2020 WL 353536
Only the Westlaw citation is currently available.
United States District Court, N.D. California.
Angela JAMES, et al., Defendants.
Case No. 3:18-cv-02669-WHO
Signed 01/21/2020

William H. Orrick, United States District Judge
Before me are several disputes, chief among them two warring interpretations of the 2012 promissory note that memorialized plaintiff JW Gaming, LLC’s $5,380,000 investment in the casino project of defendant Pinoleville Pomo Nation. No casino was ever constructed. Because the Tribe breached the note and unequivocally waived sovereign immunity, JW Gaming is entitled to judgment on the pleadings for breach of contract. It also brings claims for fraud and violations of the Racketeer Influenced and Corrupt Organizations Act (“RICO”) against various individuals associated with the Tribe, who also move for summary judgment. For the reasons set forth below, I will enter judgment in favor of JW Gaming on the breach of contract claim, deny the defendants’ motion for summary judgment on the fraud and RICO claims, deny a motion for joinder, and strike an untimely answer.


The motions pending before me now involve only the following defendants, which I collectively refer to as “the Tribal Defendants”: the Pinoleville Pomo Nation, the Pinoleville Gaming Commission, the Pinoleville Business Board, and Pinoleville Economic Development, LLC (“the Tribe”), and Angela James, Leona Williams, Lenora Steele, Kathy Stallworth, Michelle Campbell, Julia Maldonado, Donald Williams, Veronica Timberlake, Cassandra Steele, Jason Edward Running Bear Steele, and Andrew Stevenson (“the Individual Tribal Defendants”).1 Neither side asserts that there are disputes of fact for purposes of the pending motions, which do not go to the merits of JW Gaming’s fraud and RICO claims. My October 5, 2018 Order details the allegations in the complaint, which the Tribal Defendants admit “for purposes of [their] summary judgment motion only.” Motion for Summary Judgment (“MSJ”) [Dkt. No. 129] 3 n.2. Here I repeat only the facts necessary to understand the present motions.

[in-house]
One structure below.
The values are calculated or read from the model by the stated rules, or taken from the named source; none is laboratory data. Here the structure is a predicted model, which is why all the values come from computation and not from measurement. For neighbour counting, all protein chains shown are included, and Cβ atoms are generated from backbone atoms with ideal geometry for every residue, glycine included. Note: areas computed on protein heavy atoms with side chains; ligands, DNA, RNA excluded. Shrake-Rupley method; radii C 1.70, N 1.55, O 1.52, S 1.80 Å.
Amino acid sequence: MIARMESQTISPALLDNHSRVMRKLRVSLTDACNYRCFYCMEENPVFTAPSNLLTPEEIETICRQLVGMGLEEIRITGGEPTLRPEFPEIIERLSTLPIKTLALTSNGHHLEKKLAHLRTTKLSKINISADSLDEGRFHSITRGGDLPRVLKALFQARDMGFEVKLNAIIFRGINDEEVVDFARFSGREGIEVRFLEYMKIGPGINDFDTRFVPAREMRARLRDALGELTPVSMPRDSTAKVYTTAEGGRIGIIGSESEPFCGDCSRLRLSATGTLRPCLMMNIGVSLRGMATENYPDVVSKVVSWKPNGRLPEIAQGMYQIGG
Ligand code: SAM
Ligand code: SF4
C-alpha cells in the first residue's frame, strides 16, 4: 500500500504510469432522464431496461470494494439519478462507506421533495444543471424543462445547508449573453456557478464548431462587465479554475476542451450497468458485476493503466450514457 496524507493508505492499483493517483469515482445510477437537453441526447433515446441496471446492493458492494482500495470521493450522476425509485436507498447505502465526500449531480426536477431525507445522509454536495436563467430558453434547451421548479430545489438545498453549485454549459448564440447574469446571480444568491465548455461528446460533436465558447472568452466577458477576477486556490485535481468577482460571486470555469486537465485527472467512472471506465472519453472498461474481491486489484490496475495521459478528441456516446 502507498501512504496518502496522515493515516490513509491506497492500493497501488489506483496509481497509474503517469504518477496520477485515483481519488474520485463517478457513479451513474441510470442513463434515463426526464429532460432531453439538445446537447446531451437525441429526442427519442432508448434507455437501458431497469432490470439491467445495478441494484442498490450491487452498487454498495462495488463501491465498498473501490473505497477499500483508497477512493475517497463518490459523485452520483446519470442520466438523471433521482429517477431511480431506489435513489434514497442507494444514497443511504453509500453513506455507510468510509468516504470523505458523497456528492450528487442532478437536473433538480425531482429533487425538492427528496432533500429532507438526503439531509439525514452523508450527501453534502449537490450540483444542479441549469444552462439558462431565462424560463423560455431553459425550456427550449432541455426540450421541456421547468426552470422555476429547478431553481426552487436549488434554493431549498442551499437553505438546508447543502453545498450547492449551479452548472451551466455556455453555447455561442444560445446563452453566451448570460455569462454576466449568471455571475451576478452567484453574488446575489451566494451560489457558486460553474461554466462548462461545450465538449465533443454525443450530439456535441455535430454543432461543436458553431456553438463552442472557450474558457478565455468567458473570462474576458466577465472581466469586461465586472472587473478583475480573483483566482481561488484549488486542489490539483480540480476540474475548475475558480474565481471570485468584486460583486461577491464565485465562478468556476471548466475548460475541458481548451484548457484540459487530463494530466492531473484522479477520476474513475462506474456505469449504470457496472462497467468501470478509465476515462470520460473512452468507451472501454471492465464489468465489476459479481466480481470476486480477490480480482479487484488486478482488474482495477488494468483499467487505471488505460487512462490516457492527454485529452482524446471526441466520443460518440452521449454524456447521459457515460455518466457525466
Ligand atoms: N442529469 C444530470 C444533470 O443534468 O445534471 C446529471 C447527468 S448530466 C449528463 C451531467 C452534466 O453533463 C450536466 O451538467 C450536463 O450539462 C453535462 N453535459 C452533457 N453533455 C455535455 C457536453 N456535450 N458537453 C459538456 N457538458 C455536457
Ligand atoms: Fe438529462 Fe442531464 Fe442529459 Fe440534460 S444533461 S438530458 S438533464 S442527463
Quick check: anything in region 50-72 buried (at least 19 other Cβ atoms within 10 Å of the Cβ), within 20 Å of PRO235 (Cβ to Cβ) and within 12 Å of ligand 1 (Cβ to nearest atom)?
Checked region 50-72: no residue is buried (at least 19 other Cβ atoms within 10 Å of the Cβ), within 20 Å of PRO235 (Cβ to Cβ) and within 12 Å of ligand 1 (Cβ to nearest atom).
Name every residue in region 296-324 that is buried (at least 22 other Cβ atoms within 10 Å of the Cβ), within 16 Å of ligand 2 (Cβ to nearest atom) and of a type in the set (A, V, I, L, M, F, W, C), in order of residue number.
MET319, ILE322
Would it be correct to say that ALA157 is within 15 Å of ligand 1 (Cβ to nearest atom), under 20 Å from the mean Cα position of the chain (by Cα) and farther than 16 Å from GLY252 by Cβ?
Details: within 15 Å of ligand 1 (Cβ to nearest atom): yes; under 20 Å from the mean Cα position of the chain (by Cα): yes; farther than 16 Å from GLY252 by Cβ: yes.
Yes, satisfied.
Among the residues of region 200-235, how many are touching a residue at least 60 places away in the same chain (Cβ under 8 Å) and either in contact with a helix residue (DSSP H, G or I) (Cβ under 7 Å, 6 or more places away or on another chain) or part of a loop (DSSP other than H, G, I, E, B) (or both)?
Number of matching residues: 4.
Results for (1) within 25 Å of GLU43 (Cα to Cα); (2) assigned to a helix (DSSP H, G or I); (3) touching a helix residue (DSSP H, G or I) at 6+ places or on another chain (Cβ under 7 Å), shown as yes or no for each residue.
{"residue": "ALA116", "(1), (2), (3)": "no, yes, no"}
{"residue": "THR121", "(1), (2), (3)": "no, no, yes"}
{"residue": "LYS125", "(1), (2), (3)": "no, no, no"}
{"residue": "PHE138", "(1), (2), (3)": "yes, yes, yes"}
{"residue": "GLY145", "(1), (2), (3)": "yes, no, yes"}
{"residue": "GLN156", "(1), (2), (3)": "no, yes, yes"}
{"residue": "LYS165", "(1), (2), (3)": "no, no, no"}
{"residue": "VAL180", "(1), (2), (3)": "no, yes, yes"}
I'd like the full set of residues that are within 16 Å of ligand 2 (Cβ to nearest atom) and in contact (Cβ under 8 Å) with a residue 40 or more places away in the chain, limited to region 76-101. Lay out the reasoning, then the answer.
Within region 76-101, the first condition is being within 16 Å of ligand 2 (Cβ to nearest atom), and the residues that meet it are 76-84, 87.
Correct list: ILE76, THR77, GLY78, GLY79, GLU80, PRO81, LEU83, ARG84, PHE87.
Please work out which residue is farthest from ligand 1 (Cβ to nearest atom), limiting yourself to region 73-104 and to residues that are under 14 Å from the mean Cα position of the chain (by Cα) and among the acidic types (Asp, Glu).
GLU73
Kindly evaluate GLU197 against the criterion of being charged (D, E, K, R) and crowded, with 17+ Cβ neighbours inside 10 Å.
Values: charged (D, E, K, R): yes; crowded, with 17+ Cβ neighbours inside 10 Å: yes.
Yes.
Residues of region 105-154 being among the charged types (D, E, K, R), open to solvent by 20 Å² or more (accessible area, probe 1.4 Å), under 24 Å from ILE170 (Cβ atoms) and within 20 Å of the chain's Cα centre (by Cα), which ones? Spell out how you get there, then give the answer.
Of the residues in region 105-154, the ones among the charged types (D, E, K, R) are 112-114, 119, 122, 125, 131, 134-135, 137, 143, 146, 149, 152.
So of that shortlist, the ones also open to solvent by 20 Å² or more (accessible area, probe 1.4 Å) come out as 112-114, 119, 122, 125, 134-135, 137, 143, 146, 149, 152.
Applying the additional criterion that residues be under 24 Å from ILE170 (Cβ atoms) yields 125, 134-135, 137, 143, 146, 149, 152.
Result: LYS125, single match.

In 2008, defendants Michael Canales and John Tang approached the late James Winner, who would later form JW Gaming, about an investment in the Pinoleville Casino Project. Compl. ¶ 104. During negotiations, Canales and Tang asked that Winner to match the $5,352,000.00 investment that the Canales Group had already made in the project, and Winner indicated his assent. Id. ¶¶ 106, 108. In August 2008, Winner made a payment to Tang in the amount of $280,000.00 as a “good faith deposit.” Id. ¶¶ 115-17.

In March 2009, Winner, Michael Canales, and Tang formed a joint venture agreement for the purpose of facilitating development of the project. Id. ¶ 133. According to the agreement, JW Gaming’s investment was pre-development funding, and permanent financing for the project would need to be secured. Id. ¶¶ 130, 134.

JW Gaming asserts that the Individual Tribal Defendants, the Canales Defendants, and Tang fraudulently induced it to invest a total of $5,380,000 in the casino project by falsifying documentation of a matching investment from the Canales Group, despite the fact that no investment ever existed. Id. ¶¶ 106, 123. According to JW Gaming, the Individual Tribal Defendants used its payments for personal purposes rather than putting the money toward the casino project. See id. at ¶¶ 16–23, 170, 174, 526, 555.